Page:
Statistical analysis (Spearman correlation coefficient) showed no correlation between frequency of Tregs and concentration of TGF-β1 in any group of pleural effusions separately (MPEs with malignant cells: ; MPEs without malignant cells: ; nMPEs: ) (Figure 6(a)).

Figure 6: Correlation between TGF-β1 concentration and (a) frequency of Tregs in MPEs-malignant pleural effusions with malignant cells, MPEs-malignant pleural effusions without malignant cells, and nMPEs-nonmalignant pleural effusions and (b) relative mRNA expression of FOXP3, CD28, CTLA-4, and GITR genes in CD4+CD25+ cells isolated from all pleural effusions.

Similarly, there was no significance in correlation between frequency of Tregs and concentration of IL-10 in any group of pleural effusions separately (MPEs with malignant cells: ; MPEs without malignant cells: ; nMPEs: ). Among tested groups, only MPEs without malignant cells presented a positive correlation trend.

3.4. Relationship between Frequency of Tregs and/or TGF-β1 Concentrations and Concomitant Immune Activation in Pleural Effusions

Statistical analysis (Spearman correlation coefficient) showed no correlation between frequency of Tregs and potential immune activation reflected by WBC, neutrophils, and monocytes counts, ESR, and CRP level, within tested groups of effusions. However, we found a statistically significant correlation between TGF-β1 concentration versus monocytes count and TGF-β versus ESR in MPEs with malignant cells ( and ; and , resp.), and in nMPEs ( and ; and , resp.).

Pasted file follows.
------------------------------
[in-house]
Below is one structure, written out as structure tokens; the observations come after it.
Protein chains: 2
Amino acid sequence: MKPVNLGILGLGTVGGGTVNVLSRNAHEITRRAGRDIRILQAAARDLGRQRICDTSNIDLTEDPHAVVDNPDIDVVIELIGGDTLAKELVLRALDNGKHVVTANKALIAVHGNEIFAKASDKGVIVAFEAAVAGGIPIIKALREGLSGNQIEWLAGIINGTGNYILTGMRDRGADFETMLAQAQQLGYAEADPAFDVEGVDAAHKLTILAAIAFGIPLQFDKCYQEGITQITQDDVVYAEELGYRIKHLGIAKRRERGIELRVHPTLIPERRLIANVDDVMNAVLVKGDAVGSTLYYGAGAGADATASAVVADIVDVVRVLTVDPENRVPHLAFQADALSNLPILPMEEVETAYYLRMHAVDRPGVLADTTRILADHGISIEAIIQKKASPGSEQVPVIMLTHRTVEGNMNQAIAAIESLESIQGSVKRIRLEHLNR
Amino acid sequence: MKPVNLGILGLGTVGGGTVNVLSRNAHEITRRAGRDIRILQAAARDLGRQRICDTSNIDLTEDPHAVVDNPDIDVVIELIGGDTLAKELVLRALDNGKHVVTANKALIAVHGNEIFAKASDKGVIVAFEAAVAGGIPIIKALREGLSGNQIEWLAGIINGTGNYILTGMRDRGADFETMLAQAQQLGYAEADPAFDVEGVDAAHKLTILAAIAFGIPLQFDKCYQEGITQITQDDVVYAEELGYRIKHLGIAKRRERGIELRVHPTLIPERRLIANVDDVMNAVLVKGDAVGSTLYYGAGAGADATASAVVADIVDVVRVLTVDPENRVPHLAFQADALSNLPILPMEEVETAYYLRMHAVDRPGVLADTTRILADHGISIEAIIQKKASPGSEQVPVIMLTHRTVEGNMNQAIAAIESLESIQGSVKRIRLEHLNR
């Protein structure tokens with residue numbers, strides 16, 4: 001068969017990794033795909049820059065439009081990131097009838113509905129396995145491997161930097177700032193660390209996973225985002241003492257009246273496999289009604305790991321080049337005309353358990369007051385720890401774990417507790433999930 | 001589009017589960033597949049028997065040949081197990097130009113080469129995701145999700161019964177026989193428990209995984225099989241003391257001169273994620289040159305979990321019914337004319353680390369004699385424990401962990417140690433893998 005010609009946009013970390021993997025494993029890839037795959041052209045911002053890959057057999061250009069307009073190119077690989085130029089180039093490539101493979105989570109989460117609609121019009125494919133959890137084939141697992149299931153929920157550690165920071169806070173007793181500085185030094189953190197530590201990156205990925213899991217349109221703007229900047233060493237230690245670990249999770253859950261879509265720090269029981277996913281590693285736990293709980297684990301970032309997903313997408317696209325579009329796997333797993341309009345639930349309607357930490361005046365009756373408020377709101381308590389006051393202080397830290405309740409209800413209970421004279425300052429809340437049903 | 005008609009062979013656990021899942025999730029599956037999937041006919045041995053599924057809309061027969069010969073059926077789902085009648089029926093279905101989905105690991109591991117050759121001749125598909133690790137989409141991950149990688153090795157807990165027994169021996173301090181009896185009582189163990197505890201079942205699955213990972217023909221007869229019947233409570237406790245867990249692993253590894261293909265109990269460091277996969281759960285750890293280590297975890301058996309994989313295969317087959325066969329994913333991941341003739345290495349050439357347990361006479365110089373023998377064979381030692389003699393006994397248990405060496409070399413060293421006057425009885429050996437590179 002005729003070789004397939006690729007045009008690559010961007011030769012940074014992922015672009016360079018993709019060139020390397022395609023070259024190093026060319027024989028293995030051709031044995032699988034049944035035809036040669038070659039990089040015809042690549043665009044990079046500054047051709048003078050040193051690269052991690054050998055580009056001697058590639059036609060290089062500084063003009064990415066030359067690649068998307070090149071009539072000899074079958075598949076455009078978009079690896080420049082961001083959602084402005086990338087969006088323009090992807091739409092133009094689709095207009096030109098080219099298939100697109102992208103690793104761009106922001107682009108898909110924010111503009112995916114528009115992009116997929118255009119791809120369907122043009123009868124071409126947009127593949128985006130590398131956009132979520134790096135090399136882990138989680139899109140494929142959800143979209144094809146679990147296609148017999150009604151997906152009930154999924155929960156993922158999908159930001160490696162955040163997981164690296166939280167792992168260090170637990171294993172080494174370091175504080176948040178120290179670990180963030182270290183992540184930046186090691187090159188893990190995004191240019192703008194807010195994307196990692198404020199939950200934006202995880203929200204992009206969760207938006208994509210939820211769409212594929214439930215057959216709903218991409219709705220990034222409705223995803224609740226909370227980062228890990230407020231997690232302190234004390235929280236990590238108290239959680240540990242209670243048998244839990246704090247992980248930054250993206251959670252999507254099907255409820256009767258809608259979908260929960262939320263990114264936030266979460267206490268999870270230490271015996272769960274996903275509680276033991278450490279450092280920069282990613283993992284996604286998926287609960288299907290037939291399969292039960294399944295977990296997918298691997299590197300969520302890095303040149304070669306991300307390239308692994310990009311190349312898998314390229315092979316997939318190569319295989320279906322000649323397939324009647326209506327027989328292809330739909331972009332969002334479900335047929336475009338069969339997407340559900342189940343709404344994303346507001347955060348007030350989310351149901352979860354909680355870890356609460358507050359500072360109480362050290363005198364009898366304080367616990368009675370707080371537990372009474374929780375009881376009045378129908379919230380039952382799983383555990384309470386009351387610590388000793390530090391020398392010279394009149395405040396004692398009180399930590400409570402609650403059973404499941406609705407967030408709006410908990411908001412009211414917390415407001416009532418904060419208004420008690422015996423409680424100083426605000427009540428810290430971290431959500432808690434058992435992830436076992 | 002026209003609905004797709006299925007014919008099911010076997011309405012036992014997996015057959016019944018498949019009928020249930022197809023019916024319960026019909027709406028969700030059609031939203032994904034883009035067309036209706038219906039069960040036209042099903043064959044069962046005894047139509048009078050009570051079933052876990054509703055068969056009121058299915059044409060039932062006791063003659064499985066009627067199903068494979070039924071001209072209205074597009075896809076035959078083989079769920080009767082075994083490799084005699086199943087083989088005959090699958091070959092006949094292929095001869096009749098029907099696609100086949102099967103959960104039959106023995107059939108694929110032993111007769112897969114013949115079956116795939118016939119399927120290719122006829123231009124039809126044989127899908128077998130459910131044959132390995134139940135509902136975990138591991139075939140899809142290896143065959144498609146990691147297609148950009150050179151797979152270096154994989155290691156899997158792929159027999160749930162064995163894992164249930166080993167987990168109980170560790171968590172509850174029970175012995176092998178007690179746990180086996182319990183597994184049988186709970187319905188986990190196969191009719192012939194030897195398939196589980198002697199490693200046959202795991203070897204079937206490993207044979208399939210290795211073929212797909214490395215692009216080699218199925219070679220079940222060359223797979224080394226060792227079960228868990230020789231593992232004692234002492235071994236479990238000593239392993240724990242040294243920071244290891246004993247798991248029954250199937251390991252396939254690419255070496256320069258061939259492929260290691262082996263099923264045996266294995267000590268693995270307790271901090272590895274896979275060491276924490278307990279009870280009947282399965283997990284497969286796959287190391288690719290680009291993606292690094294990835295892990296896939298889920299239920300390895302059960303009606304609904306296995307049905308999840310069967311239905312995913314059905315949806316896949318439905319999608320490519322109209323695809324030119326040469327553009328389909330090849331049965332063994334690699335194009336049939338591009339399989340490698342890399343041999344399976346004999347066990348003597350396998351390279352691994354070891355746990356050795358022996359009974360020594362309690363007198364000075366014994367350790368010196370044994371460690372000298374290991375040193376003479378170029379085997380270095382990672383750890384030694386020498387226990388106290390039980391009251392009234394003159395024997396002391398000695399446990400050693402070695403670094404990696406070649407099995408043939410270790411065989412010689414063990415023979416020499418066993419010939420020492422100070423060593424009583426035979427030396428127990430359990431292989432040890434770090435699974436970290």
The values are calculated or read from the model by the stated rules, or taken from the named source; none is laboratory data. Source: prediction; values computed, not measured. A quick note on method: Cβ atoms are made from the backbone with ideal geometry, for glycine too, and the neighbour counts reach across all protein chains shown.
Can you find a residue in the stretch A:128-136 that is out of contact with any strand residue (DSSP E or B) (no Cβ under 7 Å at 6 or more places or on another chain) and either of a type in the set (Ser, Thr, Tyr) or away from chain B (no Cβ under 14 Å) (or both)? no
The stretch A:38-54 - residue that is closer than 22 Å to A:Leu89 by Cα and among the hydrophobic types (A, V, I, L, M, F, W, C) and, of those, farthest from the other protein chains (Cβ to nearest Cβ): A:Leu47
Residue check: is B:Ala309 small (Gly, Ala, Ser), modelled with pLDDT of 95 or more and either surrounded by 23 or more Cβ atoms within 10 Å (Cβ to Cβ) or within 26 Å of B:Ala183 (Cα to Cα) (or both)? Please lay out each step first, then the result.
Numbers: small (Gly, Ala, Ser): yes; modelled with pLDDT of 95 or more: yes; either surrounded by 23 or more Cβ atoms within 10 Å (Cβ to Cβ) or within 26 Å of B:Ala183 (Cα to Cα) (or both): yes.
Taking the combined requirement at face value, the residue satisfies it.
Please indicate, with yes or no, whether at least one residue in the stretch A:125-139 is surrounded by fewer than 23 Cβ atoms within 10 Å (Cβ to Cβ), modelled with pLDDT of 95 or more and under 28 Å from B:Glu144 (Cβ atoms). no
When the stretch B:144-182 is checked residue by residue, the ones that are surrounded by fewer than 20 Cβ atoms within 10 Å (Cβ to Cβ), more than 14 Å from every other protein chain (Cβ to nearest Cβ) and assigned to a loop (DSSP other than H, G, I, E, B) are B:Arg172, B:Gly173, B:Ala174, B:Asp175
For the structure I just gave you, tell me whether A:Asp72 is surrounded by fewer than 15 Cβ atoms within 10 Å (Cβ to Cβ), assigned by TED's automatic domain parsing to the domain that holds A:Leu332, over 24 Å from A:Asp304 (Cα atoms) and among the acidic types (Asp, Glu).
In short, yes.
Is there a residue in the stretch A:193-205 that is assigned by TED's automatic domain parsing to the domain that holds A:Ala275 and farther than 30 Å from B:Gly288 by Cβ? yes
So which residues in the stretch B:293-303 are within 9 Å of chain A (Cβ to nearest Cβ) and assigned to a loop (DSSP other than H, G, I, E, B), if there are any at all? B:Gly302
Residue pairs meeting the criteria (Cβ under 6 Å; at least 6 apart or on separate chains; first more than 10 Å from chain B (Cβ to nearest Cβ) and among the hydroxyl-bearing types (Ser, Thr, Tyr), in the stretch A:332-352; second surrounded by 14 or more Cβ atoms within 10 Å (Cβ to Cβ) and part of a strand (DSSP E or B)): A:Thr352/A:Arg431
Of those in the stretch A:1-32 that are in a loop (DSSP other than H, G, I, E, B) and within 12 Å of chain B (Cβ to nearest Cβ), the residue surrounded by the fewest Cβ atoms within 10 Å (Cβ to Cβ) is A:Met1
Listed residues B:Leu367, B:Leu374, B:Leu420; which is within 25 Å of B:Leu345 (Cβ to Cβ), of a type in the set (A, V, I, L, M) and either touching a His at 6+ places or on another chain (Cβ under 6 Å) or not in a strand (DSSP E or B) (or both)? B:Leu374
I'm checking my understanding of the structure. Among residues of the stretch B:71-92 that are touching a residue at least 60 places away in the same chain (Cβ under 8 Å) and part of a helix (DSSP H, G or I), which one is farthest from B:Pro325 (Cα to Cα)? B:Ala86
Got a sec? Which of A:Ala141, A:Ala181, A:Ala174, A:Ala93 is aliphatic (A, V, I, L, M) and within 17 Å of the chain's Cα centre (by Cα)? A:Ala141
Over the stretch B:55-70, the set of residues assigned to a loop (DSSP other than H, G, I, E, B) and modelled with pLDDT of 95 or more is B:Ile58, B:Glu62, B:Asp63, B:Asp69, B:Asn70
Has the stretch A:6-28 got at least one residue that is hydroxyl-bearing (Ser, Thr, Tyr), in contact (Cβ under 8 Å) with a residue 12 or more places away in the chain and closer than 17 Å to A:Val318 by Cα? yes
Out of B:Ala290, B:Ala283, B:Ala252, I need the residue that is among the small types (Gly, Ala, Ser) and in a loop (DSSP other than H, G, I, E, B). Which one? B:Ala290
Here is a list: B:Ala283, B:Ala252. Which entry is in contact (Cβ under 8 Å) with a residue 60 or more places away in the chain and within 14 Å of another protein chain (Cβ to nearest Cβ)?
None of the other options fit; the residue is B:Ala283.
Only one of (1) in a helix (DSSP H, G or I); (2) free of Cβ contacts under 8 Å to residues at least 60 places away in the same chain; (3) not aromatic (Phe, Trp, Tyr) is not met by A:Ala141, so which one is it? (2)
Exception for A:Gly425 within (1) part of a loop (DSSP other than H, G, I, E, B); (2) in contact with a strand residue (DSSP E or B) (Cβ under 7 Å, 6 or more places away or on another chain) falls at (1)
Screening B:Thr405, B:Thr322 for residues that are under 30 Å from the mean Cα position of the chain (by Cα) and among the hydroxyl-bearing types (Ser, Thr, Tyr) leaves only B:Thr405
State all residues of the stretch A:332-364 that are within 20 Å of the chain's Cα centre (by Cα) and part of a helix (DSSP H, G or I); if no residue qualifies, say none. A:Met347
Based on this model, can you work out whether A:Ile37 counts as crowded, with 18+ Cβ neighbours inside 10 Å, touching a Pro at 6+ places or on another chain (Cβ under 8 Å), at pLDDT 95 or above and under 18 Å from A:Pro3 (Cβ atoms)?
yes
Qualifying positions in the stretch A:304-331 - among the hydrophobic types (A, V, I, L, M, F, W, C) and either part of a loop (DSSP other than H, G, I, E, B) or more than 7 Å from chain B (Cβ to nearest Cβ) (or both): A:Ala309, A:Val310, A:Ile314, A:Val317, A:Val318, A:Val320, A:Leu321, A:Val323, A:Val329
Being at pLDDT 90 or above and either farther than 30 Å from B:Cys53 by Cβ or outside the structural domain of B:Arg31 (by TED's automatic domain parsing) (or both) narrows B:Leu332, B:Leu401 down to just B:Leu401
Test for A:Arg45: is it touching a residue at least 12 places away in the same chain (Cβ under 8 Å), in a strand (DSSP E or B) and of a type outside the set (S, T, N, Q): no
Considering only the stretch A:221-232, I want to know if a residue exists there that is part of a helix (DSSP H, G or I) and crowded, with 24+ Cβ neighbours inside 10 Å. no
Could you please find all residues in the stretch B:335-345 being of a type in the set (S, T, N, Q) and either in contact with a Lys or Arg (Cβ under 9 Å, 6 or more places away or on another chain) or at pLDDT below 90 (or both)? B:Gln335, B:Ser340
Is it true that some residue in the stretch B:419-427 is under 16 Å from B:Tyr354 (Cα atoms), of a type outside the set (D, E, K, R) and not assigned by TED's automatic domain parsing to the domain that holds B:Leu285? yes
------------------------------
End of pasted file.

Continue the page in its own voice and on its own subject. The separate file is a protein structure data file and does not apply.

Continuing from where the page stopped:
Comparing factors reflecting immune activation between groups, we found statistically significant differences in monocytes count between MPEs with malignant cells and nMPEs (), and in ESR between MPEs with malignant cells and MPEs without malignant cells, as well as between the latter group and nMPEs ( for both). Furthermore, we found statistically significant differences in WBC, neutrophils, and monocytes counts between both MPEs taken together (I + II) and nMPEs (III) (; ; , resp.).

3.5. Relative mRNA Expression of FOXP3, CD28, CTLA-4, and GITR Genes in CD4+CD25+ Cells from Pleural Effusions

The level of expression was evaluated in CD4+CD25+ cells in relation to CD4+CD25 cells isolated from pleural effusions. We observed increased expression of all four genes in CD4+CD25+ cells in comparison to expression in CD4+CD25 cells, which was taken as 1. The level of FOXP3 expression increased 21-fold (median 9-fold), CTLA-4 21-fold (median 8-fold), GITR 23-fold (median 8-fold), and CD28 8-fold (median 3-fold) (Figure 7).

Figure 7: Relative mRNA expression of FOXP3, CD28, GITR, and CTLA-4 genes in CD4+CD25+ cells in relation to CD4+CD25 cells from all pleural effusions.